New Defender's Study Bible Notes
2:1 name was Boaz. The meaning of Boaz’ name is uncertain, but possibly means “strength.” It is interesting that one of the two pillars in Solomon’s temple was later named Boaz (I Kings 7:21). The other pillar was named Jochin (meaning “established”).
2:3 gleaned. The custom of gleaning (collecting what had been missed by the officially employed reapers) was a divinely ordained provision for the poor of the land (see Leviticus 19:9,10; Deuteronomy 24:19).
2:3 hap. To outward appearances, Ruth just “happened” to glean in the field of Boaz, but the entire context makes it clear that this was God’s providential leading. God is altogether sovereign; He is not a God of chance. A faithful believer, seeking honestly to know and do the will of God, especially in relation to His already revealed will in Scripture, can be confident that the circumstances around him are not dictated by the laws of probability but by the will and purpose of God (Romans 8:28).
2:3 Boaz. Boaz was considered a relative of Elimelech, the father of Ruth’s first husband. This suggests that Boaz was old enough to be Ruth’s father (see also Ruth 3:10). Both, however, were more concerned with having a God-honoring marriage than one based on physical considerations, so age was secondary.
2:16 handfuls of purpose. The same Hebrew word, basically meaning “take a spoil,” is used twice in this verse, once translated “let fall” and once as “of purpose.” The word for “handfuls,” used only this once in the Bible, evidently refers to a hand’s grip. Boaz is saying in effect to his servants, “Grab from the bundles of sheaves as though you were taking a spoil for her, from the bundles of sheaves, but then leave them as a spoil for her.” Ruth was not to know that this was Boaz’ gift to her, so she could assume she was gleaning it all on her own.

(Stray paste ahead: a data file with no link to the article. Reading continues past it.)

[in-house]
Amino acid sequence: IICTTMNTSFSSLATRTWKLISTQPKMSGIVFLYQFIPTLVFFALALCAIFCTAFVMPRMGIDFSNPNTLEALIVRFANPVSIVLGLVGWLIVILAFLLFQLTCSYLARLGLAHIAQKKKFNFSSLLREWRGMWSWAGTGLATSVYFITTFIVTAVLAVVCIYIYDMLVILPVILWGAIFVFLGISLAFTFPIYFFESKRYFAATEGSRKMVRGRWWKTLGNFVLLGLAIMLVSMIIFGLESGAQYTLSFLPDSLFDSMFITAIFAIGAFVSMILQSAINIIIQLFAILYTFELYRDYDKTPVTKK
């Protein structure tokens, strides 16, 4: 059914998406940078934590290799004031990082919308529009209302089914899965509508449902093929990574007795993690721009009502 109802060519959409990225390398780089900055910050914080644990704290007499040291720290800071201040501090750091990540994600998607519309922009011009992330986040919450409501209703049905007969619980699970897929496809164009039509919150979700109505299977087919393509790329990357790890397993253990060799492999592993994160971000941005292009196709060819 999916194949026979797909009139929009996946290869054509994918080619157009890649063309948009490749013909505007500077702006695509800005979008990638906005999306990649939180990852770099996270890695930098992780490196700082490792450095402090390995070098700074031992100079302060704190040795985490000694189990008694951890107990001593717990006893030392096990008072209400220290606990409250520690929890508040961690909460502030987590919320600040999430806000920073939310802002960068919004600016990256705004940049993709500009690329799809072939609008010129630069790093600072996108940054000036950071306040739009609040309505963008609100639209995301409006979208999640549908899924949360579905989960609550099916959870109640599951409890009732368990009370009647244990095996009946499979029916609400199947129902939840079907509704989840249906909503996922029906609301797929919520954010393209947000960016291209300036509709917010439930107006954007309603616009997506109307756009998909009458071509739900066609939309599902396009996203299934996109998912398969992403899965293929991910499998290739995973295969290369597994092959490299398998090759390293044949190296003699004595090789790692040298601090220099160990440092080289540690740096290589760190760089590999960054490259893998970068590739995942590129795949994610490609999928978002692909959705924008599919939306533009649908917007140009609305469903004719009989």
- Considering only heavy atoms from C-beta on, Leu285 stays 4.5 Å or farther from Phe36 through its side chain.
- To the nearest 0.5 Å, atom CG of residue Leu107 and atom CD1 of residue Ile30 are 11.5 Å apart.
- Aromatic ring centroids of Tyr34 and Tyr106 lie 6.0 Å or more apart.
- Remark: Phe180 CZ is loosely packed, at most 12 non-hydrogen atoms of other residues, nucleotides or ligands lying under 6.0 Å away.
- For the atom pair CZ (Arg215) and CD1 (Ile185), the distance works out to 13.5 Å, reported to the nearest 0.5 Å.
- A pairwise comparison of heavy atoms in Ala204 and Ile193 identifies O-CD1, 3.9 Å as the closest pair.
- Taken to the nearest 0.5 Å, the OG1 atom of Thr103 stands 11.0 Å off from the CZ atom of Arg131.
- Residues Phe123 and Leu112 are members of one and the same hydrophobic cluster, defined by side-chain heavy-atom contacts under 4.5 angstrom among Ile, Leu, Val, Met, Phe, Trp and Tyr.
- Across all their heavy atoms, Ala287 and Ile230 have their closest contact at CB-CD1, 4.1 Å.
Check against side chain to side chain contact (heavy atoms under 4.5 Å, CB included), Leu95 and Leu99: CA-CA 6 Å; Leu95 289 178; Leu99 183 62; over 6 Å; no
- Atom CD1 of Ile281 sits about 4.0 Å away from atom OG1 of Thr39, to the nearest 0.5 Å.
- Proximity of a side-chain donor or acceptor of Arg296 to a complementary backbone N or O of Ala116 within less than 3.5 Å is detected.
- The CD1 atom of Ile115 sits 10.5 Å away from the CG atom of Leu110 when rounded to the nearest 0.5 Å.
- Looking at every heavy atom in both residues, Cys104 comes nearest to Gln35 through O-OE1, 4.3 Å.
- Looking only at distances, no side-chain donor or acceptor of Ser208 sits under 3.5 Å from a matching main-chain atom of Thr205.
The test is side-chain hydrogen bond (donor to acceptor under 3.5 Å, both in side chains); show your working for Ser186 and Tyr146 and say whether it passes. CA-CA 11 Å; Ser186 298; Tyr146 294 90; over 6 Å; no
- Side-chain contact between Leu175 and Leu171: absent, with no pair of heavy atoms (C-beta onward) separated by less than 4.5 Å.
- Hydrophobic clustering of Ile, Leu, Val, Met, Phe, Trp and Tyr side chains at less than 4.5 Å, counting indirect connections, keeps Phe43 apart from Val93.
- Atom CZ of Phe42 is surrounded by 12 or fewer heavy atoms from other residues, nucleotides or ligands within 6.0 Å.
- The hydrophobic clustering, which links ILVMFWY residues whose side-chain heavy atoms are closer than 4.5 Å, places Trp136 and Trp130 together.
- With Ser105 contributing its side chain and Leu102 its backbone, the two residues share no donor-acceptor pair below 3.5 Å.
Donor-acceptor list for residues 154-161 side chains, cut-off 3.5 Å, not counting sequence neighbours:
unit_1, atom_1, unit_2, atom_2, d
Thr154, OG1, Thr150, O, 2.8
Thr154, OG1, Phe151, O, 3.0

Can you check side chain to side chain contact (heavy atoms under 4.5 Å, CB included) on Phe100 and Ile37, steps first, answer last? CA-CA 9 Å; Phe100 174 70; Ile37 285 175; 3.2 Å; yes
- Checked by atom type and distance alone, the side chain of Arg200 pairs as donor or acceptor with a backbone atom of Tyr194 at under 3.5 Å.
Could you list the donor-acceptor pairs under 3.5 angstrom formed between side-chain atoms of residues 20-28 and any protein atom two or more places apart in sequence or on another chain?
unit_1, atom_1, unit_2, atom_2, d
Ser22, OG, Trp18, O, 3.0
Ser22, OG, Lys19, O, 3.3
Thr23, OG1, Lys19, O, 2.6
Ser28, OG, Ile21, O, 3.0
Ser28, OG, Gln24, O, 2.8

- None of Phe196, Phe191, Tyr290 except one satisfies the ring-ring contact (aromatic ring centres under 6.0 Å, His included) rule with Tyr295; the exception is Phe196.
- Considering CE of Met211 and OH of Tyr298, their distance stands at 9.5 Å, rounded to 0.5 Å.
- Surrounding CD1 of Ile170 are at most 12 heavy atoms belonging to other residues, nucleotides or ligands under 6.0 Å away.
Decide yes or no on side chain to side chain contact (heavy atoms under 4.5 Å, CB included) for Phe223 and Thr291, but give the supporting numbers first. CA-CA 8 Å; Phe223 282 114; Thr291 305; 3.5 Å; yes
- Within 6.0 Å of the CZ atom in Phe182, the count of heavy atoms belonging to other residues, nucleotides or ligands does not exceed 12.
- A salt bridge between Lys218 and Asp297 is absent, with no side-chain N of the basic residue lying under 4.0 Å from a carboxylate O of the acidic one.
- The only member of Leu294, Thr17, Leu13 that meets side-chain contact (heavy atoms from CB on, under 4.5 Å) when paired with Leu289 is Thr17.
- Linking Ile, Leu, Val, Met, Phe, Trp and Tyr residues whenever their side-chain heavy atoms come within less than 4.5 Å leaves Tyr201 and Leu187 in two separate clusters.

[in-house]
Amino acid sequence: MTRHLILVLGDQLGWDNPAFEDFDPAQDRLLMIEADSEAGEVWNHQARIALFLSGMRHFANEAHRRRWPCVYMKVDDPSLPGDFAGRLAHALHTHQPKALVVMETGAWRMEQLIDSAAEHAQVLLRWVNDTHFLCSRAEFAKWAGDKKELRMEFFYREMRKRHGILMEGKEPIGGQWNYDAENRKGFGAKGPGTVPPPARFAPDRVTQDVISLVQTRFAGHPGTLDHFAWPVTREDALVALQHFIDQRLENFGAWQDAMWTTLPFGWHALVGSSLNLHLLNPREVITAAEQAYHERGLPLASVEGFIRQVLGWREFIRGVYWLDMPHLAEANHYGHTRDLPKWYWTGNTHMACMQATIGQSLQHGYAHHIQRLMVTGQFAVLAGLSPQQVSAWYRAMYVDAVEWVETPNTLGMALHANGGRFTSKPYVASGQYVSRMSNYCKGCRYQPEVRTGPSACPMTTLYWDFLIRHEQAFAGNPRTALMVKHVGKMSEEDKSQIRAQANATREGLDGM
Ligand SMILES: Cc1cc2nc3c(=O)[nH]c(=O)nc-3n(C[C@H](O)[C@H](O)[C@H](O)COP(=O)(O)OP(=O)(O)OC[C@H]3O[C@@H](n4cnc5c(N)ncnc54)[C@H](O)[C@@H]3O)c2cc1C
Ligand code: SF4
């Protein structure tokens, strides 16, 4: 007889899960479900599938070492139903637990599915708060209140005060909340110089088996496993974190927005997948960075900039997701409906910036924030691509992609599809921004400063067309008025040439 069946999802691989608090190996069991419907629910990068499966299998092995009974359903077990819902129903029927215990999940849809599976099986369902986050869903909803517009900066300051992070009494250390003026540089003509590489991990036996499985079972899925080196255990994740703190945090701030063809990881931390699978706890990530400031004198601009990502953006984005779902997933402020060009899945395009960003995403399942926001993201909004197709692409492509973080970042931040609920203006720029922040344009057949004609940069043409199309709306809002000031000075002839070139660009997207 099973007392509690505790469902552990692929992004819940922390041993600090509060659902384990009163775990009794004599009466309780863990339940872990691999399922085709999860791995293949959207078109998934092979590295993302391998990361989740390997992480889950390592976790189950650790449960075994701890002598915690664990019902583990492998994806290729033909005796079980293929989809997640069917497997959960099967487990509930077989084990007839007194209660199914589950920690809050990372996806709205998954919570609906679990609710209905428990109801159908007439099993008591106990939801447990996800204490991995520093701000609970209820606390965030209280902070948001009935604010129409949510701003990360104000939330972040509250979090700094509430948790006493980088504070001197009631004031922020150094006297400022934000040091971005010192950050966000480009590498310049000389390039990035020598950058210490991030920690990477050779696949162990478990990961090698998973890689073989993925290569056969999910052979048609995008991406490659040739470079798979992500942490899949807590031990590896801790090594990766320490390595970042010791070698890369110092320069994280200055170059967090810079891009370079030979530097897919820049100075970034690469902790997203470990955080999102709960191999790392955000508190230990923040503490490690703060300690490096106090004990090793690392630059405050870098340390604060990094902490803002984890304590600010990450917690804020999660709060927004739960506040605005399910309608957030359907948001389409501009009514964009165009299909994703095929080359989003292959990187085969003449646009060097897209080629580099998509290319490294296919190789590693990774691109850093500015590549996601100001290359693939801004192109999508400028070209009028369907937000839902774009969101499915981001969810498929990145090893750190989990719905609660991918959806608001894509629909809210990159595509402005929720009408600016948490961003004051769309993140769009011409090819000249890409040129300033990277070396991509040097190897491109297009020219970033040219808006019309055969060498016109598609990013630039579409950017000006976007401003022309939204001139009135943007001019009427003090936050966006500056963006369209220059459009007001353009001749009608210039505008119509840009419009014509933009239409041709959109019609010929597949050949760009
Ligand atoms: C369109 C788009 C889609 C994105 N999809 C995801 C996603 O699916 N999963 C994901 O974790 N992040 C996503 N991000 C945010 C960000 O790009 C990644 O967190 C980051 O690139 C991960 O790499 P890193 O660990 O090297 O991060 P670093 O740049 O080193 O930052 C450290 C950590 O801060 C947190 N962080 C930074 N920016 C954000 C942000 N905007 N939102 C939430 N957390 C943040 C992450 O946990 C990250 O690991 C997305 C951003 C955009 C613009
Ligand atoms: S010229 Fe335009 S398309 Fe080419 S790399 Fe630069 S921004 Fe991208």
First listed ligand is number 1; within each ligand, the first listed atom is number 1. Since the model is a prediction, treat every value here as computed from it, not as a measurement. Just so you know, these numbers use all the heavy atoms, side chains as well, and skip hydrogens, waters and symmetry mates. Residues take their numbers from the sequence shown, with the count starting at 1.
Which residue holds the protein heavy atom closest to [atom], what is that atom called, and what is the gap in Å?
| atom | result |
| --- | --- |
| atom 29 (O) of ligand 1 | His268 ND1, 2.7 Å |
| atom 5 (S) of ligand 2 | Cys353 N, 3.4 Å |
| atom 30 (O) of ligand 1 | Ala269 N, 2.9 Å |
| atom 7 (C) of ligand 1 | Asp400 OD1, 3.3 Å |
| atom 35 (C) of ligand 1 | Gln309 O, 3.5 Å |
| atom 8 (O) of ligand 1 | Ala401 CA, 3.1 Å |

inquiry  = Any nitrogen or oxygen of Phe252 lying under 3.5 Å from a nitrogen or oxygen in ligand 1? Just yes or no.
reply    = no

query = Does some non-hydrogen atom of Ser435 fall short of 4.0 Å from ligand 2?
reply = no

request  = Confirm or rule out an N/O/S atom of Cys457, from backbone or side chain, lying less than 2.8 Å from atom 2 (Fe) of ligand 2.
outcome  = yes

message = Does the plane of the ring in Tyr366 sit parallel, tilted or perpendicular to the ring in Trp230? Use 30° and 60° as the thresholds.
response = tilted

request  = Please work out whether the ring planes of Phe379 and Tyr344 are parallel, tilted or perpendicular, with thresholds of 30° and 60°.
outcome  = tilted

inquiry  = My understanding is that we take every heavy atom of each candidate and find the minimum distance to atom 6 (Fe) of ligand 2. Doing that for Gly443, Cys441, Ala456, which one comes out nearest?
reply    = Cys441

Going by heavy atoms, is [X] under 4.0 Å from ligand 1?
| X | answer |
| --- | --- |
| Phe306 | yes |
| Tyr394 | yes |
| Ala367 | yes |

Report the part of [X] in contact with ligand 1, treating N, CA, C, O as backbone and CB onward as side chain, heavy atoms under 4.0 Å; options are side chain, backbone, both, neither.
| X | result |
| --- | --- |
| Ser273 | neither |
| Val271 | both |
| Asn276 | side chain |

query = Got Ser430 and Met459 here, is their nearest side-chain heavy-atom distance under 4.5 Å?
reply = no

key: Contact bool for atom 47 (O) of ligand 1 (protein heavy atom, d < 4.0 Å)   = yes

2:16 she may glean them. Ruth, in gleaning the sheaves deliberately left by Boaz, becomes a type of the believer gleaning food for the soul in the fruitful field of Scripture. Our heavenly “Boaz” has paid the price to take the spoil for us. As we kneel down to glean each morsel, we “rejoice at thy word, as one that findeth great spoil” (Psalm 119:162).
2:17 ephah. Compare Exodus 16:16, 36. An ephah was ten omers, and an omer of manna was adequate for the daily needs of one man. Boaz’ generosity is measured by the fact that the “handfuls of purpose” he had left for Ruth were ten times her daily need.
3:7 merry. There is no suggestion here that Ruth was taking advantage of Boaz in a drunken state. The term “merry” only suggests a feeling of satisfaction with a job well done, followed by a good meal and a sense of thankfulness for God’s blessing.
3:7 laid her down. This was not an immoral act on the part of Ruth, but one in full accord with customs and procedures associated with the rights and obligations of the “kinsman-redeemer.” A widow could request in this way the nearest kinsman of her deceased childless husband to perform the duty of marriage to the widow and raising up children to “the name of the dead upon his inheritance” (Ruth 4:5).